Samsung to “Free Riding” Apple: We Will Sue Your Butt Every Step of The Way


Apple says Samsung's phones and tablets, like the Galaxy S above, rip off its designs.
Apple says Samsung's phones and tablets, like the Galaxy S above, rip off its designs.

Samsung, once regarded as a “frenemey” of Apple, is quickly turning into just an enemy. The South Korean chipmaker who also competes with the Cupertino, Calif. tech giant’s iPhone and iPad is now threatening to get medieval on Apple.

Charging Apple has been “free riding” its patents, a Samsung marketing executive warned the Tab and Galaxy manufacturer will shift from a previously “passive” role to pursue “a more aggressive way from now on.” Until recently, Apple was Samsung’s largest customer, providing contracts this year reportedly worth an estimated $7.8 billion. However, since that time, Apple has begun shifting suppliers for its A5 processor used in the iPhone and iPad to Taiwan Semiconductor Manufacturing Co. and looking to Japan for flash memory. Additionally, recent court testimony from a former Samsung official revealed the chipmaker divulged iPad supply information, a practice frowned upon by the legendarily secretive Apple.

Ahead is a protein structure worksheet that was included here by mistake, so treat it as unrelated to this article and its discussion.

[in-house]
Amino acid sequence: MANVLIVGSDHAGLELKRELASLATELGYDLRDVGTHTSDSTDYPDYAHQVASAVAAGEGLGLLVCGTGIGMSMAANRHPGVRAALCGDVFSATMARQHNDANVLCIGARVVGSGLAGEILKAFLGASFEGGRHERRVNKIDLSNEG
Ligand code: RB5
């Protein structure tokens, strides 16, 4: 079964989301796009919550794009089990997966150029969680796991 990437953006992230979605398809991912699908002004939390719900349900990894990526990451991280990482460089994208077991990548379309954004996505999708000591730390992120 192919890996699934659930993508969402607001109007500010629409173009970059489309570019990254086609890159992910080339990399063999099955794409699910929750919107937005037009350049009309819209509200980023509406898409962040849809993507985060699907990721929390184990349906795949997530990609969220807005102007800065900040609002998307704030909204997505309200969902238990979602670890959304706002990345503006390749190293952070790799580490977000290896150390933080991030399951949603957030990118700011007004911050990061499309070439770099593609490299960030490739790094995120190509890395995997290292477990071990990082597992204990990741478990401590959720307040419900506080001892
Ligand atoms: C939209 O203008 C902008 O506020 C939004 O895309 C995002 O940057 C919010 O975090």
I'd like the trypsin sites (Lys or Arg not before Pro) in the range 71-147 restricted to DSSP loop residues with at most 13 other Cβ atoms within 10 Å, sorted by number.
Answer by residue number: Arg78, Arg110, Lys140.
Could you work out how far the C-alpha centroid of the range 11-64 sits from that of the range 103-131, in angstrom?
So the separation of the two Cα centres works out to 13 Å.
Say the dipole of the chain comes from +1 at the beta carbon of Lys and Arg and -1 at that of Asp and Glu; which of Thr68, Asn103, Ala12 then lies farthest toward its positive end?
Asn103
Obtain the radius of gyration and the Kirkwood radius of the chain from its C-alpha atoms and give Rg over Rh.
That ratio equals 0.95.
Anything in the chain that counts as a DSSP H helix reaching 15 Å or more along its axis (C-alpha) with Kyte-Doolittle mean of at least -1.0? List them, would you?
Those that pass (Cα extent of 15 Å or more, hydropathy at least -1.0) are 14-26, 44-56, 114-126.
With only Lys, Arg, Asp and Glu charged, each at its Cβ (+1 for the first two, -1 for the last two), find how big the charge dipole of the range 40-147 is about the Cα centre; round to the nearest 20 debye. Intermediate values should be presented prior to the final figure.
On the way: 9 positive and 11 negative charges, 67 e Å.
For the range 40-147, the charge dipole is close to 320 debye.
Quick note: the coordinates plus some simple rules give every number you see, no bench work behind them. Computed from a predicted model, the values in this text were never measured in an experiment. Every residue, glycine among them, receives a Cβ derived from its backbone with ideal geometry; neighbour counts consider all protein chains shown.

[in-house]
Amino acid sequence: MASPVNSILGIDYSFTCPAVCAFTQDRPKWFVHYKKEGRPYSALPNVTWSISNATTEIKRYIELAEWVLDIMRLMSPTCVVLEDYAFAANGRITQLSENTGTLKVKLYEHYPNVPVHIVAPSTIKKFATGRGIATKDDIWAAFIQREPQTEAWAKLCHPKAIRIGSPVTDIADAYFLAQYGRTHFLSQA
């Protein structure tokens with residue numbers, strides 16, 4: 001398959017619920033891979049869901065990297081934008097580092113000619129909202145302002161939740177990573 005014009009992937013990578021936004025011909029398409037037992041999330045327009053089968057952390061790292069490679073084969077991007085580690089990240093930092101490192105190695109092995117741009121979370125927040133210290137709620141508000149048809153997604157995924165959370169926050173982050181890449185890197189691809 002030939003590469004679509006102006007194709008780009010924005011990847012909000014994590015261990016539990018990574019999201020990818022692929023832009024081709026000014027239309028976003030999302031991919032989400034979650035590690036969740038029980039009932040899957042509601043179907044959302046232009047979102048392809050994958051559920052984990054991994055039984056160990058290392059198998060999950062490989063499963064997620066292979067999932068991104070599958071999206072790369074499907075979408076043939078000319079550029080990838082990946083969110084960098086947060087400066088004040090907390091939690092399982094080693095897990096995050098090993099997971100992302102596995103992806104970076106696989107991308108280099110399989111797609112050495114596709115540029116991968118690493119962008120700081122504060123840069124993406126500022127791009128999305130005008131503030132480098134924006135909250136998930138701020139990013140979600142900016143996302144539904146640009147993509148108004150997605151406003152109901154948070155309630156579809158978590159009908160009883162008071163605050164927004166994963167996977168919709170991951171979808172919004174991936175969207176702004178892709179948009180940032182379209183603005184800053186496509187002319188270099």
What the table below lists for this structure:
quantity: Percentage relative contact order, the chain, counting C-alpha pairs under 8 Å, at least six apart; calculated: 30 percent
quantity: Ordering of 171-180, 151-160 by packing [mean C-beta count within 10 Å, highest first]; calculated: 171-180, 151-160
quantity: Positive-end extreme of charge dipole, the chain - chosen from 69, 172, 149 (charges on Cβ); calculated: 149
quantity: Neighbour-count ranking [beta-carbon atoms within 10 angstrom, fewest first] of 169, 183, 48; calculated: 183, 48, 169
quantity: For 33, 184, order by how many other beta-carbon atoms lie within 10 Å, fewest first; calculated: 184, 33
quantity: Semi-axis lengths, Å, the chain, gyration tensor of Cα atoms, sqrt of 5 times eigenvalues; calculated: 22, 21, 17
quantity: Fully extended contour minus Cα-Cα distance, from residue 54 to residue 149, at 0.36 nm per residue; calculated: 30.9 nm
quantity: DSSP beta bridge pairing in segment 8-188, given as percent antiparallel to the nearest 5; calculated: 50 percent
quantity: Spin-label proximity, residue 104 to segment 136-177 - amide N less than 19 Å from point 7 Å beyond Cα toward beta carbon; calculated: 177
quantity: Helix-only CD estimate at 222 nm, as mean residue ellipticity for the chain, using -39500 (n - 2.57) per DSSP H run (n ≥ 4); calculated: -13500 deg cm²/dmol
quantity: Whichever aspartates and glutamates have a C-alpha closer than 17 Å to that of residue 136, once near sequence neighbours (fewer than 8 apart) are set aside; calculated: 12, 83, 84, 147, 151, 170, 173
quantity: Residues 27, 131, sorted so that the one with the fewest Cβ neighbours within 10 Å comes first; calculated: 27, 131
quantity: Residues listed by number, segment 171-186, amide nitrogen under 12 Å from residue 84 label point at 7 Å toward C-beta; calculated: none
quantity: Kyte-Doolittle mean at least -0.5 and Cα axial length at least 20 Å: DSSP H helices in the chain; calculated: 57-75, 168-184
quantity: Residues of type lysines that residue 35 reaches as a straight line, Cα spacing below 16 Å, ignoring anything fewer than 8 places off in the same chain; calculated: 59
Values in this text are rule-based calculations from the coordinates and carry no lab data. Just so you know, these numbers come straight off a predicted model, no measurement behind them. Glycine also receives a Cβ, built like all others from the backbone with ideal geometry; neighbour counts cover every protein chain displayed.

The comments to AP come from Lee Younghee, head of Samsung’s global marketing head for mobile communications. Although the remarks come from marketing and not legal, the words mesh with ones earlier promising Samsung was prepared to sue Apple the moment its iPhone 5 touches South Korean soil.

Earlier this month an unnamed Samsung senior executive told the Korea Times the company “plans to take Apple to court for its violation of Samsung’s wireless technology related patents.” It’s uncertain what has given Samsung its new-found bravado in the face of a long-running legal battle with Apple stretching back to April. However, one possibility could be new Motorola patents Google is sharing with its Android partners. As we recently reported, Android smartphone maker HTC is expressing confidence of a legal win against Apple, largely due to wireless patents from Google.